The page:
If you’ve got your at-home cloth nappy routine sorted but you’re tentative about venturing out with reusables, today’s guest blog is for you. Elouise reached out to share her going out routine when she realised it was a common concern for new-to-cloth families.
Welcome, Elouise @elandthemonckeys
My name is Elouise and I live in Sydney with my husband, my 3-year-old son, Theo, and my 10-month-old baby, Daniel.
I have been using cloth nappies with Daniel for about 6 months. After the bushfires earlier in the year, the environmental impact of having a baby was weighing on my mind. I was thinking about using cloth nappies but didn’t know where to begin. One of the mums in my new mother’s group was using cloth nappies so she got me on to Clean Cloth Nappy Hire.
I wish now that I had used them on my older son but I remember feeling overwhelmed by the washing, all the different types of nappies and the jargon. However, I love the philosophy that every nappy counts so it’s better late than never! I am really proud to be a part of this little community of parents who are all so supportive of each other and willing to share tips and information.
My boys are with me full time and tend to be bouncing off the walls when we spend too long at home, which has been a real challenge during the pandemic. For me, leaving the house every day is an absolute necessity, even if it’s just a short trip out to get coffee. A friend of mine who wanted to try cloth nappies asked me how you deal with them when you are out and about. This was something I was unsure about w hen I started cloth nappies – after all, you don’t have the luxury of flinging a disposable nappy in the bin. I thought I would share this advice in case it helps anyone else who is starting out with cloth nappies.
I carry with me a change-mat, one or two cloth nappies, a wet bag and a small waterproof toiletry bag with two or three damp cloth wipes in it (I just use baby face washers). This doesn’t take up much more space than disposable nappies and wipes. I usually take a change of clothes too, but I find that cloth nappies rarely leak, unless I haven’t done them up tight enough.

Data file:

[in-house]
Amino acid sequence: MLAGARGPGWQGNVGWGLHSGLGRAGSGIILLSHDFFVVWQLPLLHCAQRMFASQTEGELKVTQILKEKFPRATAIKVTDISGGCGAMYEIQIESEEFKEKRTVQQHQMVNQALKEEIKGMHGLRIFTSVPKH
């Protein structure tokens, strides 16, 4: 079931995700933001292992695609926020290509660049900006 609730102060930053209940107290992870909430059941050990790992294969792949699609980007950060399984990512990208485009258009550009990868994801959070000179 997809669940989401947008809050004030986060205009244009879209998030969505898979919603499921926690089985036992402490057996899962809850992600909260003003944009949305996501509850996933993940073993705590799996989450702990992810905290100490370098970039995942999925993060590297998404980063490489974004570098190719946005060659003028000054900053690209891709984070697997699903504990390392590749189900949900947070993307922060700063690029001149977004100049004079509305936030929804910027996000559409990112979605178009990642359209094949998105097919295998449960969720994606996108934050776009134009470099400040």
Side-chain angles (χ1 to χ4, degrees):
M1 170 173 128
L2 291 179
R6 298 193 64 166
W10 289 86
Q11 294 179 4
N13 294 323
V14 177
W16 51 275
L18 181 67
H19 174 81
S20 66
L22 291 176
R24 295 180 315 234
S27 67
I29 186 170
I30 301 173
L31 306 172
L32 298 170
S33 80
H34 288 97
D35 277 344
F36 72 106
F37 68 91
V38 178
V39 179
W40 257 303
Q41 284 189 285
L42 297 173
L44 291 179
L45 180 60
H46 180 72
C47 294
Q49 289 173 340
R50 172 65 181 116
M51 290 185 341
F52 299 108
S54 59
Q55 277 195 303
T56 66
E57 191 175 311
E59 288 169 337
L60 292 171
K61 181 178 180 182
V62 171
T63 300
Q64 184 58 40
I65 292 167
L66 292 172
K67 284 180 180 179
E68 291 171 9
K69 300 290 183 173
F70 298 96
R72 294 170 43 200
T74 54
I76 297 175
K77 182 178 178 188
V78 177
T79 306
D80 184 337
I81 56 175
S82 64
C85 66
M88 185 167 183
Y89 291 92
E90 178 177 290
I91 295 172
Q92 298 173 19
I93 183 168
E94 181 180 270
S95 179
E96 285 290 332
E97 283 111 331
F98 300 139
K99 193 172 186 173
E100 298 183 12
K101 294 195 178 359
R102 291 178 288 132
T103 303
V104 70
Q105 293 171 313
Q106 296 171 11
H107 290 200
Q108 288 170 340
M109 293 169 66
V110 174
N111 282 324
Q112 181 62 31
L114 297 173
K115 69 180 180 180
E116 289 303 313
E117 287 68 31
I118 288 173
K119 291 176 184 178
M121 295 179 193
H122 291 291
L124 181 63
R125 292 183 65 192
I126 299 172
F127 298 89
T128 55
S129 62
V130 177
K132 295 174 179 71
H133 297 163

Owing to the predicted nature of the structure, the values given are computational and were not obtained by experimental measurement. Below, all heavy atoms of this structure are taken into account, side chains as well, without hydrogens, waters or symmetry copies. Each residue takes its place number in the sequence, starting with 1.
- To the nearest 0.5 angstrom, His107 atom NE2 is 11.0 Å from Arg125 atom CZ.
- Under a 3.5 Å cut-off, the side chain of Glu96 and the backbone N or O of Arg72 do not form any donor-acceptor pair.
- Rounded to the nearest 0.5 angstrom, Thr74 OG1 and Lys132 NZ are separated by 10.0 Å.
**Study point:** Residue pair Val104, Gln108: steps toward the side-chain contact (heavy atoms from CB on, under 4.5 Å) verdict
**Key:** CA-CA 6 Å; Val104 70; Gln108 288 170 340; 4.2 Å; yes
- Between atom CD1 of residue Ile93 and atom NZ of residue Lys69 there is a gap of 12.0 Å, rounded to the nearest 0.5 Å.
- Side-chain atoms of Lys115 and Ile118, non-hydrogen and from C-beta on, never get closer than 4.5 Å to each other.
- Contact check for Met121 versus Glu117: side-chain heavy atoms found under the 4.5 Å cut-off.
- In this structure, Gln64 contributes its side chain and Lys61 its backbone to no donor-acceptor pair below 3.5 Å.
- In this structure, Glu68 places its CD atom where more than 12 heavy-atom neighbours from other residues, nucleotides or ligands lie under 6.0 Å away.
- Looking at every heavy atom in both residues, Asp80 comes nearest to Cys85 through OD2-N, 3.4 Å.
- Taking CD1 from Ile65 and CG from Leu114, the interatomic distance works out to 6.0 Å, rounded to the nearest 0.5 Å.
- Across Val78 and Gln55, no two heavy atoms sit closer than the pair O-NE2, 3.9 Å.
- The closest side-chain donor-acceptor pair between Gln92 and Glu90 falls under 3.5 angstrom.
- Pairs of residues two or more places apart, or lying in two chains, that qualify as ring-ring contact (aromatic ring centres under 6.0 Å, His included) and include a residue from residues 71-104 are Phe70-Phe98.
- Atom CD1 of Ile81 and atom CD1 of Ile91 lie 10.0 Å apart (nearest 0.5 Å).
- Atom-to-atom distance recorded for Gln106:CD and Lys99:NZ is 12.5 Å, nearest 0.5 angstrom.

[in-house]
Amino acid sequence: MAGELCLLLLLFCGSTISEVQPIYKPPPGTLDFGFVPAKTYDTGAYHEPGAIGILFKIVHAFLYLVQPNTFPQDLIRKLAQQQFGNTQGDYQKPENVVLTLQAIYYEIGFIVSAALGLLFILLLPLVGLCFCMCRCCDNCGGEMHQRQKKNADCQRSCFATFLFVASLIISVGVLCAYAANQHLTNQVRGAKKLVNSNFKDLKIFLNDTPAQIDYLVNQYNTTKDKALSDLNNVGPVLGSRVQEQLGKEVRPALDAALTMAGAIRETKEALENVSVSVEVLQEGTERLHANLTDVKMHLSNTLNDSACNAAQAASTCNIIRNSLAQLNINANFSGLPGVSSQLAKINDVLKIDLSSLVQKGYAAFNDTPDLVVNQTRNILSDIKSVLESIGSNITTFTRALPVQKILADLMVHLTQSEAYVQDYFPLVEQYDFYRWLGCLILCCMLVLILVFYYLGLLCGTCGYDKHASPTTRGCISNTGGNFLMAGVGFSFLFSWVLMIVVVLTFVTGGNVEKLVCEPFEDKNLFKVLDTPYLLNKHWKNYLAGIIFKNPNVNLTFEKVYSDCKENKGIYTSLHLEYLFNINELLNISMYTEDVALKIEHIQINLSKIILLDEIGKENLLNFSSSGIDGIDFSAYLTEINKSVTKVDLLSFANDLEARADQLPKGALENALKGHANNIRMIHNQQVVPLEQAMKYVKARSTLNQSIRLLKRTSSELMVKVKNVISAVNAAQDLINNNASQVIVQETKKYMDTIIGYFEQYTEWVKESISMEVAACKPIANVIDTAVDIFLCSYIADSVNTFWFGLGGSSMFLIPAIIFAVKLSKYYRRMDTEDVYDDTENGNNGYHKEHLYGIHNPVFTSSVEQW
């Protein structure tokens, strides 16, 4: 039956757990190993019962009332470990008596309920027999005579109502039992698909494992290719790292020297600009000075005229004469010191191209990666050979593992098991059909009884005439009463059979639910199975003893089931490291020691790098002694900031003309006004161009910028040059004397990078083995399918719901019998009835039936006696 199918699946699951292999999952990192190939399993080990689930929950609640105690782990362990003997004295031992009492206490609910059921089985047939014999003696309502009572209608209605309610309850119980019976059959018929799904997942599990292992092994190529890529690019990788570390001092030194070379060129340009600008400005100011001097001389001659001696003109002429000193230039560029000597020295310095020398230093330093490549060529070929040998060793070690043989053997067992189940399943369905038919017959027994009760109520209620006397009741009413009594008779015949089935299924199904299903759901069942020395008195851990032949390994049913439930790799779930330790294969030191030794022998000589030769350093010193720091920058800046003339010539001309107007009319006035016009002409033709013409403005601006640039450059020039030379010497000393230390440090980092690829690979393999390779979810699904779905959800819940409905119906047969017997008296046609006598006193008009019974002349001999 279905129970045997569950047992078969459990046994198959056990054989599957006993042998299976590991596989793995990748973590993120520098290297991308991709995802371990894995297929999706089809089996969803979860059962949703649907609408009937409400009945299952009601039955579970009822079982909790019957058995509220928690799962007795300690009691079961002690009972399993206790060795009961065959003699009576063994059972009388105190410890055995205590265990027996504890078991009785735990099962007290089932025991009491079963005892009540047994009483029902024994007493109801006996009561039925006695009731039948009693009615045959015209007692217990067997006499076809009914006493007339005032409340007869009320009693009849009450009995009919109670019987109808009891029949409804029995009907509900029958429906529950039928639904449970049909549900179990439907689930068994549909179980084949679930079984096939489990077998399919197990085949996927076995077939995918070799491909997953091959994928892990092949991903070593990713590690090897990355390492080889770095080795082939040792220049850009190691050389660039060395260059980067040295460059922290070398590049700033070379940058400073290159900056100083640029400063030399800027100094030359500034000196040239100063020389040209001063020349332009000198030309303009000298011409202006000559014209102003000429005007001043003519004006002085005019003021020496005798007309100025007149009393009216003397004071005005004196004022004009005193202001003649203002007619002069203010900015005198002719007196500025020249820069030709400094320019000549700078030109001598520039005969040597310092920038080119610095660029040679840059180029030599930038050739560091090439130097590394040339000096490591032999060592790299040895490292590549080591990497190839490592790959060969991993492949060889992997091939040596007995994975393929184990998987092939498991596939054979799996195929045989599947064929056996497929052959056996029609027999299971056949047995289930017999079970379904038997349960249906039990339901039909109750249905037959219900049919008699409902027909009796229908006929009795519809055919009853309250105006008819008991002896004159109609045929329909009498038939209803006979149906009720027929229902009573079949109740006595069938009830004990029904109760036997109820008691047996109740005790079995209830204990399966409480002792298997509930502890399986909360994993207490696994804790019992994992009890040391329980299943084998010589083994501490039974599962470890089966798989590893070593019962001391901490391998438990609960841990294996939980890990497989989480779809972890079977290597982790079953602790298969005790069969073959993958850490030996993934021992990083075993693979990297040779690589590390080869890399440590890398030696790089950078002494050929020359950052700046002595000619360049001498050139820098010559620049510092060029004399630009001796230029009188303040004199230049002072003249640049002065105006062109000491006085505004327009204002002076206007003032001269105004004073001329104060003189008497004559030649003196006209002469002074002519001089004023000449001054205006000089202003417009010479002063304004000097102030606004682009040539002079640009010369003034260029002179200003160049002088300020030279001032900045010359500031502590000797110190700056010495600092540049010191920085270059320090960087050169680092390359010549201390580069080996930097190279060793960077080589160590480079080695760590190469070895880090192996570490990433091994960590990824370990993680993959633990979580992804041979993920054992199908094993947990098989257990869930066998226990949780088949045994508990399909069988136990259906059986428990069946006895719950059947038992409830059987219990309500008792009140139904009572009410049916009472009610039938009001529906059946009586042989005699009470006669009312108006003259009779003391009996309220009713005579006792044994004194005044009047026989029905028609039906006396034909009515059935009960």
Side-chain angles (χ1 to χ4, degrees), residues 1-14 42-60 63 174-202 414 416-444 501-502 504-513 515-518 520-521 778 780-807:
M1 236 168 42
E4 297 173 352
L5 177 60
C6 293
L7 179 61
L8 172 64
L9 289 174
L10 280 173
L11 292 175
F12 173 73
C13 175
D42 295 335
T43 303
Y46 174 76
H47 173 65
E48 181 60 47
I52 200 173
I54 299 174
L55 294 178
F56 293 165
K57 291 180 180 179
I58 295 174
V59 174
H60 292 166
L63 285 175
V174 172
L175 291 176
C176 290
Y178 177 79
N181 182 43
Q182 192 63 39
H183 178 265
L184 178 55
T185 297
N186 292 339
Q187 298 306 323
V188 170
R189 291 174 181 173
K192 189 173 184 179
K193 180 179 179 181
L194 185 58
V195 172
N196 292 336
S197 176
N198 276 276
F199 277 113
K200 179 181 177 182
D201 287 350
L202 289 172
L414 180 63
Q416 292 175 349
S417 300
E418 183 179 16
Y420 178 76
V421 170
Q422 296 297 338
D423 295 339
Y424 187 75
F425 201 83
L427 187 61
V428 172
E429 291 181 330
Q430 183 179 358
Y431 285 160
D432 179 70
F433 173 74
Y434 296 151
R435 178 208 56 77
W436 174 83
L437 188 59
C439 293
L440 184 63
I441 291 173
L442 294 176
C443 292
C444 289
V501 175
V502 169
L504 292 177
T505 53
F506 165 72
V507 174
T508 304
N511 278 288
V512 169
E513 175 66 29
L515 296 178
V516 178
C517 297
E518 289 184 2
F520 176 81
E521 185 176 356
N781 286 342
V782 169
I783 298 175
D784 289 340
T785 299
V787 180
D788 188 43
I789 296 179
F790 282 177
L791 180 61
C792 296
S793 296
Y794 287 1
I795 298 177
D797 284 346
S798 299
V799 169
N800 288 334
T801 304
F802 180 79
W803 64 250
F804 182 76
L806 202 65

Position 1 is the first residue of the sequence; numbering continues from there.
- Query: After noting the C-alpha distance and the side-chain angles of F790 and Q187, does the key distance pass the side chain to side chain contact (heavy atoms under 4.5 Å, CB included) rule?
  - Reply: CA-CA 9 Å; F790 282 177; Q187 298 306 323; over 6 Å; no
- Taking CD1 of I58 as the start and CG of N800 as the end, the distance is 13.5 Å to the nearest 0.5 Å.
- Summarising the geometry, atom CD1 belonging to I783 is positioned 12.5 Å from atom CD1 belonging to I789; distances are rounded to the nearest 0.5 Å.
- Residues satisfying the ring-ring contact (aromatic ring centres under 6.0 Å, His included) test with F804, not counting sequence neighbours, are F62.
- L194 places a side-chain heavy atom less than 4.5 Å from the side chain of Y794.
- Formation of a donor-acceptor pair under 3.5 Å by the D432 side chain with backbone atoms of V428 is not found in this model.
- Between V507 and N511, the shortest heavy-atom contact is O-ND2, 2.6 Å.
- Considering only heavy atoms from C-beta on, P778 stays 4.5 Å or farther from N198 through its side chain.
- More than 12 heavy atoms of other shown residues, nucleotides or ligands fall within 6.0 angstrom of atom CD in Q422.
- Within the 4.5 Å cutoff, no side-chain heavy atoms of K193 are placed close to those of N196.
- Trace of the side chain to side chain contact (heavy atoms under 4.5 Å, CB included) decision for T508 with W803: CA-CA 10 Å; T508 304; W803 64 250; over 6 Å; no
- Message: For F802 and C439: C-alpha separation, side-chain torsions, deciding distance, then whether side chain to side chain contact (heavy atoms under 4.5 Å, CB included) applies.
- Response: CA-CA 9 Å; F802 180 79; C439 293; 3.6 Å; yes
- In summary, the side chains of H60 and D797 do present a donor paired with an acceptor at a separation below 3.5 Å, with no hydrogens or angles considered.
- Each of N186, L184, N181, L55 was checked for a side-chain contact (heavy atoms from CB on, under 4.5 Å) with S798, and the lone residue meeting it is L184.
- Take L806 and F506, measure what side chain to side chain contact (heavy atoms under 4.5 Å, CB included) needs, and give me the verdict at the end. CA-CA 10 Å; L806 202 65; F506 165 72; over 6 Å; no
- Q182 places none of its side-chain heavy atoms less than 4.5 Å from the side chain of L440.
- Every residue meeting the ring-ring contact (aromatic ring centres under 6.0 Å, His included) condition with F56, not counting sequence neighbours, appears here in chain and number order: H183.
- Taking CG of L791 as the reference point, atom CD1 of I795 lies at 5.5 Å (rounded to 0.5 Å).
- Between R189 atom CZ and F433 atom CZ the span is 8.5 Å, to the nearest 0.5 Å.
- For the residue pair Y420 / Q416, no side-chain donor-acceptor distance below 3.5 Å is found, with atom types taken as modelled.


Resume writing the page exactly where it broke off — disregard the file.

If I have to stop and do a nappy change, I put the dirty nappy and wipes in the wet bag. In terms of cleaning, I deal with it all when I am back at home. The wet bag does a really good job of sealing in the smell.
As my baby gets older, if we are out and he does a big toddler-sized poo, I will probably need to swing past a public bathroom and drop the friends off at the pool so to speak! I am hoping to toilet train my baby at around 2 years old which is a bit earlier than I did with my older son.
I often carry some disposable wipes for emergencies but I find myself using them less and less these days. I find that you can clean up a fairly big baby poo with about two to three cloth wipes.
I recently went on a five-hour plane ride and I did disposables then because I was travelling solo and had to take snacks for a toddler too so my hand luggage was really full. However, I would be fine taking cloth nappies on a shorter flight.
The main thing is to keep it simple and don’t make life harder for yourself – travel with little ones is hard enough so just do whatever works for you at the time!
About the author
Elouise lives in Sydney with her husband, 3-year-old son, Theo, and 10-month-old baby, Daniel. She is a finance lawyer but currently on maternity leave. In order to convince her accountant husband to get on board, she showed him the cost savings over the years. She tends to do all the nappy changes and laundry but she has been teaching him how to put the nappies on and about the virtues of Sard Wondersoap!